## Coin weightings with two irregular coins

There are 8 coins of which 6 have the same weight of A g(A>10)] each. The other two are different. One weighs (A-2)g, and the other weighs (A+2)g

Please use the standard scale balance to identify the two differed coins using the minimum weightings?

Have A Great Day!

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 2 questions: - Is A an integer? - Do we know the A value a priori, or is A unknown?
 In principle, A can be any number greater than 10. For now, we can assume that A is an integer. A is known. Have A Great Day!

## Coin weightings with two irregular coins

I can do it with 6 weightings (maximum).
But, maybe, it could be done with only 5 weightings...I'm still working on it.

 I am glad that you are interested in solving this interesting question. You're heading in the righ direction. Can you do this with less than 5 weightings? Have A Great Day!
 Wow, it seems I can do it in 5 steps! I'm gonna check it later...(too sleepy to continue)

 Quote by wonderful There are 8 coins of which 6 have the same weight of A g(A>10)] each. The other two are different. One weighs (A-2)g, and the other weighs (A+2)g Please use the standard scale balance to identify the two differed coins using the minimum weightings? Have A Great Day!
1There are 8 coin's=true
2There are 6 coins that have the same weight of A g(A>10)] each.=true
3The other 2 coins are different, one weighs (A-2)g, and the other is (A+2)g=true
4 to answer the question you must identify the two differed coin's from the rest=true

So since 1,2,3,4 are true and then that would mean the answer is in the problem it's self...

Hence it identify's the two differed coin's, then turns it into a question at the end...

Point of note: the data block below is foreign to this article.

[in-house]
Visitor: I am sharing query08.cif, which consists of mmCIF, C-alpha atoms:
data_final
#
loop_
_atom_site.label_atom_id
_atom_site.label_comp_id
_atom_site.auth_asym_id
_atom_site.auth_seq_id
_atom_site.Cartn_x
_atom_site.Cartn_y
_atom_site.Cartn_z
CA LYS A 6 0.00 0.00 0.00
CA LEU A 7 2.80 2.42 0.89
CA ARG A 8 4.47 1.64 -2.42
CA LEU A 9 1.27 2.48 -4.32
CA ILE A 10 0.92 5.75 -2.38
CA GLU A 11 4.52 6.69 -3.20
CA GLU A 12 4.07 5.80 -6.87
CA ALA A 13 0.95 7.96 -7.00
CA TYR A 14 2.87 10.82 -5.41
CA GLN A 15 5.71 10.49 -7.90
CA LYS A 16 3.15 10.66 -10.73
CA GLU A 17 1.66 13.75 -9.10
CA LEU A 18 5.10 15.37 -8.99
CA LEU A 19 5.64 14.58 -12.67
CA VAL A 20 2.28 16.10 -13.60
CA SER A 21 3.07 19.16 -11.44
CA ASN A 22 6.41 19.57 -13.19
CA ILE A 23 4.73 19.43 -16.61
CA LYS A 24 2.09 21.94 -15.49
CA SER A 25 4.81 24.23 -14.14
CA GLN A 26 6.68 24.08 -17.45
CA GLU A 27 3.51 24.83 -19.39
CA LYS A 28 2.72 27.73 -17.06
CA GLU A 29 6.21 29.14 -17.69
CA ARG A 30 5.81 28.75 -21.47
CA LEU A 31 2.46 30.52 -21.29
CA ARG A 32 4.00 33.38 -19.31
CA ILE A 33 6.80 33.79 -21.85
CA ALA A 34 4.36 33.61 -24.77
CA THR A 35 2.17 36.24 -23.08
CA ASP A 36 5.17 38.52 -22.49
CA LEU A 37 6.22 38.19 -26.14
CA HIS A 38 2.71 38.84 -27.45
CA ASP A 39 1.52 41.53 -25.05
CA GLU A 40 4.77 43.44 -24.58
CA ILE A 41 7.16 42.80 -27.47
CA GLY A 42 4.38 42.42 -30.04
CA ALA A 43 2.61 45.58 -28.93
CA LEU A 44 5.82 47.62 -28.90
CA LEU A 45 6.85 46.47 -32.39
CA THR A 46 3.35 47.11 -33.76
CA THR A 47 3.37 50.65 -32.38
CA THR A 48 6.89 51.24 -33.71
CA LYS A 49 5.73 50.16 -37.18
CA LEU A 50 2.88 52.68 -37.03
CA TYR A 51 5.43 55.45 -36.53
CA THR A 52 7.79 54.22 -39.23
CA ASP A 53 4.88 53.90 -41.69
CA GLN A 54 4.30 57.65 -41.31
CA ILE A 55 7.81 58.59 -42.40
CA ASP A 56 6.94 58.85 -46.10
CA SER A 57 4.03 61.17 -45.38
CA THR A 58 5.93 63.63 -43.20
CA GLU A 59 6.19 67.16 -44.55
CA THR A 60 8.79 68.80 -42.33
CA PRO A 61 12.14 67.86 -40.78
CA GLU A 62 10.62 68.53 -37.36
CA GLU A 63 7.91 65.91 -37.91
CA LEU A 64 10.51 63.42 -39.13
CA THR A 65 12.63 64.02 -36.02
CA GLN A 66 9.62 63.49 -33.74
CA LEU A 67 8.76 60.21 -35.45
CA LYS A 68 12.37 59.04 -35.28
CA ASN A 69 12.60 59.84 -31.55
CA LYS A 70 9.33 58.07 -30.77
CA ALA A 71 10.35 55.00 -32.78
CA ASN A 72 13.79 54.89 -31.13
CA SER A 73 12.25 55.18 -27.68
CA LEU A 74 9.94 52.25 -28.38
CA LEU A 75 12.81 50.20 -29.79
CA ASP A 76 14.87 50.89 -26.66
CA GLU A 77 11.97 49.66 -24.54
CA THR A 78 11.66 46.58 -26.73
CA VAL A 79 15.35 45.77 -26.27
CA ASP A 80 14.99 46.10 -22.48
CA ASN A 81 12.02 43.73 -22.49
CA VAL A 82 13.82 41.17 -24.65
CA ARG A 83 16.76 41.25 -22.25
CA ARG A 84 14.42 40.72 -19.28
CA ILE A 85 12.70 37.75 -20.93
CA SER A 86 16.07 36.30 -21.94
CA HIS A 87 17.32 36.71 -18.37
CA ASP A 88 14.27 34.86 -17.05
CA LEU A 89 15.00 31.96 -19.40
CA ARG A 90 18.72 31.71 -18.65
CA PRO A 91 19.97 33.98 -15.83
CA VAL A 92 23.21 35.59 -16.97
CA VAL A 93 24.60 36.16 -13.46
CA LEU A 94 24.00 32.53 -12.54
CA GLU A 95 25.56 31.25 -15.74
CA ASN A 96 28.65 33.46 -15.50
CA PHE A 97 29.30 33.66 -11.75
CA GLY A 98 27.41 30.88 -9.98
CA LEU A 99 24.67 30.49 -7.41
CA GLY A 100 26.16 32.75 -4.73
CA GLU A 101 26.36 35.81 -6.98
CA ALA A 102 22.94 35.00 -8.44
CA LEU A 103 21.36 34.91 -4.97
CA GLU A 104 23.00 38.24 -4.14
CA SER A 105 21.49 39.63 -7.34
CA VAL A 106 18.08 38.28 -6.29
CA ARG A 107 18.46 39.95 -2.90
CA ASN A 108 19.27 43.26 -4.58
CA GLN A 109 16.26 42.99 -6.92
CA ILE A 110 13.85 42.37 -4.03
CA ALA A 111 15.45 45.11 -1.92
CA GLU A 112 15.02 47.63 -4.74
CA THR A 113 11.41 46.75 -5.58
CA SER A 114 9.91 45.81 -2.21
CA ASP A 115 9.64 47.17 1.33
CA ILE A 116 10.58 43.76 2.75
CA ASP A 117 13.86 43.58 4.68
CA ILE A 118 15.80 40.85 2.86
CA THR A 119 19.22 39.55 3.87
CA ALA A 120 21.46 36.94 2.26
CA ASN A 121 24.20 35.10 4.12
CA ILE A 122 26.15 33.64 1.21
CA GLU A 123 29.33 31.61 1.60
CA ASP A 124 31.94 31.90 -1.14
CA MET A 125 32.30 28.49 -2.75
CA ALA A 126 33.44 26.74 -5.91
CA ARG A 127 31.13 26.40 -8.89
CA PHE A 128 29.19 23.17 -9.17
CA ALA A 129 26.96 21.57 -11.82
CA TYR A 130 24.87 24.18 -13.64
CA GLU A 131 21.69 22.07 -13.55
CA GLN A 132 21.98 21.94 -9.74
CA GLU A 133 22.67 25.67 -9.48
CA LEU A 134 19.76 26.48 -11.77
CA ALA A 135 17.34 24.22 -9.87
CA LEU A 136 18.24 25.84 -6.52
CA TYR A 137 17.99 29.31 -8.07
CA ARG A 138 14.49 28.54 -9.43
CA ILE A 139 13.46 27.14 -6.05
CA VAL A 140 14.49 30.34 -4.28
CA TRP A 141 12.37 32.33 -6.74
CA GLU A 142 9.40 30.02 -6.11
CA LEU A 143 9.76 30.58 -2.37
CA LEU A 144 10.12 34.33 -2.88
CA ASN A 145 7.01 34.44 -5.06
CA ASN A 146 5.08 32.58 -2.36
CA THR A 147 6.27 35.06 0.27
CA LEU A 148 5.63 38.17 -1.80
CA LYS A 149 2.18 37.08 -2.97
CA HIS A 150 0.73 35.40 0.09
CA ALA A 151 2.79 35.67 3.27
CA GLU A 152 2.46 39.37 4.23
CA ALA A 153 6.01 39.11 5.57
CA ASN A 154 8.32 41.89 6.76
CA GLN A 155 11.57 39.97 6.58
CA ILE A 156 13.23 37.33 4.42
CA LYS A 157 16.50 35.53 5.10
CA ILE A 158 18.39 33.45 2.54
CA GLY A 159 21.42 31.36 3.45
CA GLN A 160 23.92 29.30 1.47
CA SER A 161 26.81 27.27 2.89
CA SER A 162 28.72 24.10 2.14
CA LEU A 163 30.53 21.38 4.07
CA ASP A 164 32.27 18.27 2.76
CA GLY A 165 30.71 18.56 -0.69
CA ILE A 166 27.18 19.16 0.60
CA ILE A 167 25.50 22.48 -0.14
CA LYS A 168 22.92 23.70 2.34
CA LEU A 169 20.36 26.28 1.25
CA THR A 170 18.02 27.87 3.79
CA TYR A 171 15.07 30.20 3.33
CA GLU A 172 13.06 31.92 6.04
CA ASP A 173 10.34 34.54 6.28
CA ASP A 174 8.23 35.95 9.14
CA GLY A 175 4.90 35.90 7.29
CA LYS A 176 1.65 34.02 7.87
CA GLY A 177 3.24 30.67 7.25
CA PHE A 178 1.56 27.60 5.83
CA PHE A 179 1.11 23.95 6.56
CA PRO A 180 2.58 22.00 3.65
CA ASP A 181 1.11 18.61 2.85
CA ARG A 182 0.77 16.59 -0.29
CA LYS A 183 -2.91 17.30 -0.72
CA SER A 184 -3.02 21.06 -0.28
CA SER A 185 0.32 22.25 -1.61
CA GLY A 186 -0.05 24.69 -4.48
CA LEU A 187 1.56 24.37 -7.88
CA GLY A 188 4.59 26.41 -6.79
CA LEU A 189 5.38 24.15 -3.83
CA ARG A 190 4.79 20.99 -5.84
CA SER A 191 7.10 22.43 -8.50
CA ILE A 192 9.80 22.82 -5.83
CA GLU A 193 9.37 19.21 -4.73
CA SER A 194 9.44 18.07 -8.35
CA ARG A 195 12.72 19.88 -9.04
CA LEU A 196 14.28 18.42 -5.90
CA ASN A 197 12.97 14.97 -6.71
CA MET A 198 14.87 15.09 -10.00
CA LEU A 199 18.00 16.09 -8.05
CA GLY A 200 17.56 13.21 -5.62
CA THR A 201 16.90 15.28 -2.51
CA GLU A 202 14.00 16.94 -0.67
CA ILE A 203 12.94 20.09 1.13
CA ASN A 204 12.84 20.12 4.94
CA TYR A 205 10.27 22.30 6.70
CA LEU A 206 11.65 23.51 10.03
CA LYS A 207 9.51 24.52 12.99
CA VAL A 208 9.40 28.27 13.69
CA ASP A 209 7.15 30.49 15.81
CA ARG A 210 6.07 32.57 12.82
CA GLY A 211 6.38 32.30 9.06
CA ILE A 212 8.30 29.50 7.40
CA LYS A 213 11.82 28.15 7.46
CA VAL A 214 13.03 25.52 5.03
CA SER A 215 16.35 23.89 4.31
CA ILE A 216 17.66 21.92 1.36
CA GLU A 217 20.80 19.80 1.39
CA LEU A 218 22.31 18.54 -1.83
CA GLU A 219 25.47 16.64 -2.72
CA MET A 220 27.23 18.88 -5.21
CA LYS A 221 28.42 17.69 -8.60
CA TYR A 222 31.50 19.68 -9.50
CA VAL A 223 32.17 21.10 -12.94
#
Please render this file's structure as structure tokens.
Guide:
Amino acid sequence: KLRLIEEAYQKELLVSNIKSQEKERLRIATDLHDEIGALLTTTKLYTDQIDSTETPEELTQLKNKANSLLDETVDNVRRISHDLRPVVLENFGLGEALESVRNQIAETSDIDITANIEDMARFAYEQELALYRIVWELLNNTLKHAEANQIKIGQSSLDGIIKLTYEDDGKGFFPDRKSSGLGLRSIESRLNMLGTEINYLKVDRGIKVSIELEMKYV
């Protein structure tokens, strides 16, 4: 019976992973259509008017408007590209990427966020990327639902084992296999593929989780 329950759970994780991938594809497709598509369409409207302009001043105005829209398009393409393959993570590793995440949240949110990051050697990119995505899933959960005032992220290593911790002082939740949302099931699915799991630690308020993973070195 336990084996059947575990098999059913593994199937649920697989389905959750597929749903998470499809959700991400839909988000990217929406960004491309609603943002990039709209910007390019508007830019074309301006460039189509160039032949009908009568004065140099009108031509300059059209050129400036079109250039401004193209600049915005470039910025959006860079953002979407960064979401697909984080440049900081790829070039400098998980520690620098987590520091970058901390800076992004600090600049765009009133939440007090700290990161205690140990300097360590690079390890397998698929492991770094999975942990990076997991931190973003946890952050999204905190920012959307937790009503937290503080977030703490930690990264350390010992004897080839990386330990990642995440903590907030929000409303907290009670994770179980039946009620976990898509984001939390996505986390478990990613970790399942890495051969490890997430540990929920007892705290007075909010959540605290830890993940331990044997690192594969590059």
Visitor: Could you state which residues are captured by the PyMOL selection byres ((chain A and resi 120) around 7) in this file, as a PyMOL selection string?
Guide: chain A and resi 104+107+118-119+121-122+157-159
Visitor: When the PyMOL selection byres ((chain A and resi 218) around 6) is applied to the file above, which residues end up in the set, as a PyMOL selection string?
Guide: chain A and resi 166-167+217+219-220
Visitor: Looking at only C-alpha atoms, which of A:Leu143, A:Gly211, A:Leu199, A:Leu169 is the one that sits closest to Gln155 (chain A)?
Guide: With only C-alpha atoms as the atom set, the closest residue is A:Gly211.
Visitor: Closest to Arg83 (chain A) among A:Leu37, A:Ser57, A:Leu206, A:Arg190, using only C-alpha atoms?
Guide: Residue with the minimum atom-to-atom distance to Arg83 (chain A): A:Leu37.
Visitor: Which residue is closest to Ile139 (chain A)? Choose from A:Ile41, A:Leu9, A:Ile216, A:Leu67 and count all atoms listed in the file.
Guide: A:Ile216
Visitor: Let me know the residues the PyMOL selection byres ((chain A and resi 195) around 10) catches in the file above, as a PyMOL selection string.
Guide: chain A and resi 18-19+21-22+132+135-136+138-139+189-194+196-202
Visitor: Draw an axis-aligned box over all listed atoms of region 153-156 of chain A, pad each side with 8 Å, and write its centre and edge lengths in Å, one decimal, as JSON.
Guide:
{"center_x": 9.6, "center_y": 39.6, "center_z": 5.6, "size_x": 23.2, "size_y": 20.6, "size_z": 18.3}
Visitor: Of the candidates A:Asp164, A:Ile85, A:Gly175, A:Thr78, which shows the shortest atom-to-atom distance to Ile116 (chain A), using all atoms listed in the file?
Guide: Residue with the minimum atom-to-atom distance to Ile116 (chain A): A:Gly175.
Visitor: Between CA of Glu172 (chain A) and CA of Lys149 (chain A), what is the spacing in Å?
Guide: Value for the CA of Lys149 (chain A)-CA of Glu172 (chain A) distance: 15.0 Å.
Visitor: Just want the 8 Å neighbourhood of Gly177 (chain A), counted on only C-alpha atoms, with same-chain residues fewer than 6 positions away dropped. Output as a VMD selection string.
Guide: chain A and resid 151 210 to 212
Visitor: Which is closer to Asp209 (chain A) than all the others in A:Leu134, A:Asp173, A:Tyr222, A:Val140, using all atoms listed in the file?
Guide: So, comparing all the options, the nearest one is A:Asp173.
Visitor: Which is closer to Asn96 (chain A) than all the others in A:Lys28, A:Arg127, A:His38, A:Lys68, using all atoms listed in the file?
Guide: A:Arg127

so one differed coin wight is (A-2)g and the other is (A+2)g, so the coin on the left has the wieght of (A+2)g and the one on the right has a wieght of (A-2)g, so i have identified wich coin's differed by how much... using logic and the information that was presented within the question/statments...

The value of (A) is not needed to know how much they differed by... because one is 4 less and one is 4 higher than (A).. which mean's (A) can stay an unknown factor within the problem.. because its not needed to find the correct answer..

So the one on the right min wieght is no less than -2g from (A) and the one on the left min wieght is no less of +2g from (A) so.. the differed scale is about +4g,-4g from each other's wieght's..i presented the answer in 3 difrent format's, and this last one is just how the question asked it to be presented in.

 I think I am able to get it in 4 weighings (but not less). The initial steps are as follows: Assuming that the coins are labelled 1 to 8, then the initial weighing is 12vs34. If 12=34, then the second weighing is 156vs278. Otherwise (whether 12>34 or 12<34), the second weighing is 137vs248. Before I go on, tell me if I am on the right track.

 Quote by wonderful There are 8 coins of which 6 have the same weight of A g(A>10)] each. The other two are different. One weighs (A-2)g, and the other weighs (A+2)g Please use the standard scale balance to identify the two differed coins using the minimum weightings? Have A Great Day!
Dose it really need a question mark at the end?

 I've seen the answer to this on Columbo. So I'll refrain from commenting. Although it's pretty obvious if you think about it.

 Quote by Noone 1There are 8 coin's=true 2There are 6 coins that have the same weight of A g(A>10)] each.=true 3The other 2 coins are different, one weighs (A-2)g, and the other is (A+2)g=true 4 to answer the question you must identify the two differed coin's from the rest=true ... blah blah blah ...

What a trip!
What a waste of time!

 Quote by Kittel Knight What a trip! What a waste of time!
Yep the actual number of weighings is 1, it has to be. But the question was presented poorly. Effectively if you do the right thing you can always gain an answer from one weighing. It's a silly question. Columbo did it better in The Bye-bye Sky High I.Q. Murder Case.

How can you do it in one weighing? Well he doesn't specify how you use the weights too clearly.

 Thank you Rogerio and all who have participated in discussing this question. I agree the question could have been written clearer. However, Rogerio and Doodle understood the question perfectly. I really appreciate the truth that they spent time on the main purpose of this thread: finding the solution of the posted question. Having said that, here is a more interesting question: There are 13 coins. 11 of them weighs A g each. The other two are defected. One weighs (A+ 2) g and the other weighs (A-2) g. Using a standard two arm balance, can you find out the two difffected coins using minimum number of weightings? Have A Great Day!